Performance, Performance Per Dollar, Noise, And Efficiency Ratings
The following graph shows the 1000 G3's total performance rating, comparing it to other units we have tested. To be more specific, EVGA's new SuperNOVA is shown as 100 percent, and every other model is shown relative to it.
EVGA's G3 units take the lead in our comparison of Gold-rated PSUs, at least until Seasonic can put the finishing touches on its competing Prime units.
Performance Per Dollar
The following chart may be the most interesting to many of you because it depicts performance per dollar. We looked up the current price of each PSU on popular online shops and used those prices and all relative performance numbers to calculate the index. If the specific unit wasn't available in the United States, we searched for it in popular European Union shops, converting the listed price to USD (without VAT). Note that all of the numbers in the following graph are normalized by the rated power of each PSU.
With a price of $140, the 1000 and 850 G3 models bring terrors to the competition. It's as simple as that. Their prices are currently very good considering the features and performance we just saw. We don't know how long EVGA plans to maintain these levels, though. Before the recent price drop, you'd spend $170 on a 1000 G3. Even that's fair given what this PSU can do.
The graph below depicts the cooling fan's average noise over the PSU's operating range, with an ambient temperature between 30°C and 32°C (86°F to 89.6°F).
The Achilles' heel of EVGA's high-capacity G3s (since we haven't reviewed the lower-capacity ones yet) is too much noise. Their HDB fans spin at high speeds because of an aggressive fan profile.
With such a long warranty period, EVGA and Super Flower wanted to play it safe rather than deal with numerous RMAs years from now.
The following graph shows the PSU's average efficiency throughout its operating range, with an ambient temperature close to 30°C.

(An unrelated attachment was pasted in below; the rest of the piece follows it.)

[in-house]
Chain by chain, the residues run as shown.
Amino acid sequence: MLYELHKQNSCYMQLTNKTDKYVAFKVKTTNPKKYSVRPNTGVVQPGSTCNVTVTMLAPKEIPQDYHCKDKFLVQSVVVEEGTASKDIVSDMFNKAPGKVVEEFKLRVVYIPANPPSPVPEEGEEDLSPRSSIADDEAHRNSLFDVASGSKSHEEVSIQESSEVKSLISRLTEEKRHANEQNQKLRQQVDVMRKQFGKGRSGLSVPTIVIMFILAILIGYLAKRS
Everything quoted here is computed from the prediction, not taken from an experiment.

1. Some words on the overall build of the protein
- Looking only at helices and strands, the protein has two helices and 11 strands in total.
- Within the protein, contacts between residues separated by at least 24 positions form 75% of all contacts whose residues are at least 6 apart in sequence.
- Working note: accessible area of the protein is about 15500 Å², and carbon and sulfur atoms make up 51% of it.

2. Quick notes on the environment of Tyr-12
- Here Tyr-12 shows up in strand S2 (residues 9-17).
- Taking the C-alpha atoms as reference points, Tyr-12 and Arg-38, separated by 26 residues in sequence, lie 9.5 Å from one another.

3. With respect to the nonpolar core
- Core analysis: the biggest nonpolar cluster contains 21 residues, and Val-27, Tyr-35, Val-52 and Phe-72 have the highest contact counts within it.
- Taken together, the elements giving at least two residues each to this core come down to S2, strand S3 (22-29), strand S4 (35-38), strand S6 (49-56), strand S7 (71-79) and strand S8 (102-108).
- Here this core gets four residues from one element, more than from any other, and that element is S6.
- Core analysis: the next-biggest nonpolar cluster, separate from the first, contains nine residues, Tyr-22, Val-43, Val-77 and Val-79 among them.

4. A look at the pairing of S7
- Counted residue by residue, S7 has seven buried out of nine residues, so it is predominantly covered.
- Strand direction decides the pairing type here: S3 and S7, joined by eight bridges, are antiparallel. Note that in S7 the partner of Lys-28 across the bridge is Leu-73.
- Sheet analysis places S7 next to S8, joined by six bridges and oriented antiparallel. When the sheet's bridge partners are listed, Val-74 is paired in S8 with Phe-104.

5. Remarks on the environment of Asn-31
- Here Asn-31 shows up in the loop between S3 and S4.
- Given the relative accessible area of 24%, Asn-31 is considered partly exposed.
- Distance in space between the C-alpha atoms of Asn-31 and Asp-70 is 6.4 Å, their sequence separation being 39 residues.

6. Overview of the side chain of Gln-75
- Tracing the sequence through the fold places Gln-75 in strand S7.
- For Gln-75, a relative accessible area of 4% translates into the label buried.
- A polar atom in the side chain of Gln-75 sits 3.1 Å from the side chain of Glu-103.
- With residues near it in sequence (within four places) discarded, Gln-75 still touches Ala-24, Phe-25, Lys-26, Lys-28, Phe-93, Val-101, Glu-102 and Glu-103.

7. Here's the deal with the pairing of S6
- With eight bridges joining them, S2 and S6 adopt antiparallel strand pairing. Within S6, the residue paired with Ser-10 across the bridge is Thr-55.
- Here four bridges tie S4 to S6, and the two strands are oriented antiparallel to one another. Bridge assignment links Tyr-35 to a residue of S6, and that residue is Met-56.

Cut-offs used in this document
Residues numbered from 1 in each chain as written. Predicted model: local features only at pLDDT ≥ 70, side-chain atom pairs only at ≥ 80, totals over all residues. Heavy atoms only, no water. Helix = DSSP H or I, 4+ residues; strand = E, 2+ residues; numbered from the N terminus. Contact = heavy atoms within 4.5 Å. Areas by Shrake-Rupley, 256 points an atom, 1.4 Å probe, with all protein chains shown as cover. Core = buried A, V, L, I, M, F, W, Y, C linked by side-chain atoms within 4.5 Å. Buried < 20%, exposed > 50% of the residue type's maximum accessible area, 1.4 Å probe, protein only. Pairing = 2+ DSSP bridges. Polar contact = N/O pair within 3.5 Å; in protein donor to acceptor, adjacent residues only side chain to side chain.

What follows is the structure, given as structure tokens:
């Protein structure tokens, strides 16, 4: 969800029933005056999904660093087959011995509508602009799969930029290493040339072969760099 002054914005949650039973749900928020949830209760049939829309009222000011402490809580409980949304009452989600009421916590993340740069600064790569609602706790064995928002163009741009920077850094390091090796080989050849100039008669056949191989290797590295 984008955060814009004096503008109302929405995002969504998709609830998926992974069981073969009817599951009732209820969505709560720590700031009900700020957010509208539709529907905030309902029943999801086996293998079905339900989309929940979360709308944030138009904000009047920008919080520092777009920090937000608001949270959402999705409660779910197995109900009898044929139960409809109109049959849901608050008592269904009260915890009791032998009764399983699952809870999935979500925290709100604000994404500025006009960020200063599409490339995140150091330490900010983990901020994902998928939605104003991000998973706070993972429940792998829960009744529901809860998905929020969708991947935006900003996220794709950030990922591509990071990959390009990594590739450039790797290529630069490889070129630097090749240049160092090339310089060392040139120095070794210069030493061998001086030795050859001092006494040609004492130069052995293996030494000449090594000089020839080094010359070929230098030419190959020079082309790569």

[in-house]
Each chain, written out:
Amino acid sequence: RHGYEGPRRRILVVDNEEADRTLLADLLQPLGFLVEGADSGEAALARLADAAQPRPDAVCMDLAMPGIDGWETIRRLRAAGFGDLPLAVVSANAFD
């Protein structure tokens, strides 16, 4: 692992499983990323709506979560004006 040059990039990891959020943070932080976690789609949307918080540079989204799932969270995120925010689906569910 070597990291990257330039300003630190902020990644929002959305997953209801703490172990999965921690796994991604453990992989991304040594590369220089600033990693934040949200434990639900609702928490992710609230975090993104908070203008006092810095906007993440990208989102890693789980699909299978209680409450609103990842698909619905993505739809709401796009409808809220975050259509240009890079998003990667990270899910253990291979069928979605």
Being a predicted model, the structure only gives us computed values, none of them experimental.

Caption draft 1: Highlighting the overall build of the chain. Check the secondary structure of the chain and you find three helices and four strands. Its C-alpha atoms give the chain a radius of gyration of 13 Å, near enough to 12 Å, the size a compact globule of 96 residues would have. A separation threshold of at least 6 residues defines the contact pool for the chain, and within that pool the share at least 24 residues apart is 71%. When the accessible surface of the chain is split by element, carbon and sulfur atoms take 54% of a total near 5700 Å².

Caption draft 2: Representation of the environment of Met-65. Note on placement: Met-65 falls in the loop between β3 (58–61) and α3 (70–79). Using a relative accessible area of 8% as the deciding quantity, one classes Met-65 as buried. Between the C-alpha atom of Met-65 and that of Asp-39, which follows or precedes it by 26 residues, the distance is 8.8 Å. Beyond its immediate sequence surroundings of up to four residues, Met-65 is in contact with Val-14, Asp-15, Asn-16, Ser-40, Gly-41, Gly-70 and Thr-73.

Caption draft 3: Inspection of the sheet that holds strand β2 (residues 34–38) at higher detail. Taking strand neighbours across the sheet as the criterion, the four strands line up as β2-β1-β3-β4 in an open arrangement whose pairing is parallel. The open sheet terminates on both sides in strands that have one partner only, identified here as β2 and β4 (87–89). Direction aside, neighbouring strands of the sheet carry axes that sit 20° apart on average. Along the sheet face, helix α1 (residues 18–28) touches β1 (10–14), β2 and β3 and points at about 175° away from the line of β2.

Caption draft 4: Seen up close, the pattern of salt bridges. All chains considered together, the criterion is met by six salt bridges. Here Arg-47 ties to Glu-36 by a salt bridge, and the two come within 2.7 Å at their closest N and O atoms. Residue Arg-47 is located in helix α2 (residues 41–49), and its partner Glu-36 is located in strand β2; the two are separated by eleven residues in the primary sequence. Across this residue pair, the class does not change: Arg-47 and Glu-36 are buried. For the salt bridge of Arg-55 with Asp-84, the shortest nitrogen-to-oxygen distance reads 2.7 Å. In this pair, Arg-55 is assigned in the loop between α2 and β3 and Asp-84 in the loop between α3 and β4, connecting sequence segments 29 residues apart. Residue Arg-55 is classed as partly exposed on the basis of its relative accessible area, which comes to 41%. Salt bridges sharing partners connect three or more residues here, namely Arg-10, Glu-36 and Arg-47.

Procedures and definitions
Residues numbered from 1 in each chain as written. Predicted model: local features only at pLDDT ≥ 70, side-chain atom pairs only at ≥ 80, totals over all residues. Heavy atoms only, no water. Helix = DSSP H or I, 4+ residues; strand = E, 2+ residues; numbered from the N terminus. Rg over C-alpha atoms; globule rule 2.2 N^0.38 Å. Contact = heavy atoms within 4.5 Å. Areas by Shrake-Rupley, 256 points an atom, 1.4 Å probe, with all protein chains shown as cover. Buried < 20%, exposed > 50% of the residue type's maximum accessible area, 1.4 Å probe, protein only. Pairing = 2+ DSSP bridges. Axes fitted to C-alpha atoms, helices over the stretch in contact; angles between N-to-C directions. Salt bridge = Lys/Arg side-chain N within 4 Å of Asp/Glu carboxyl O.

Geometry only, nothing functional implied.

Efficiency-wise, the new Leadex II platform fares very well, even against Platinum-rated competition.
>>>The 1000 G3's single bulk cap is provided by Chemi-Con (400V, 820uF, 2000h @ 105°C, CE)
Strangely, but I did not find "CE" series of capacitors in the Nippon Chemi-Con catalog
Buying a gold 600W PSU when my rig uses 500W for example does not make much sense to me. I'd prefer to spend a little more and buy a gold 850W ($110USD vs. $130USD in the example of these two 650 & 850 G3 series on NewEgg right now). Not only for a higher efficiency operation as described above, but for future headroom growth. But I understand many do not think that and look to save a few dollars everywhere...one being on the PSU.
Keep in mind when comparing the RM1000x that it was introduced at $180 in November 2015 and it took nearly a year to see the prices drop down below $150. The EVGA was originally released at $170 and has only been out for four months. Also keep in mind that the Corsair is marketed more for silent operation (drawback to that shown below).
If none of the drawbacks described and shown here do not bother you, and if overall "hot" efficiency and exhaust temperature are among top priorities for you, then the EVGA is the better performer. Average efficiency result of 7 load line tests, and the average exhaust temps under each test:
EVGA - 88.571%, 45.0C
Corsair - 87.857%, 49.8C
^^While the <1% efficiency difference is nominal and will not be seen on your monthly power bill, that nearly 5C difference coming out can make a slight difference in the temperature of your room in the summer. So the Corsair being quieter has a drawback.
Is EVGA stopping production of the G2 series ?
That's why I stated the downside to the Corsair is the hotter air coming out the back. Same thing with a video card: you have to sacrifice more heat output for a quieter fan speed.
Seems like this would be a big deal ?
Maybe at least one bullet in the Con column.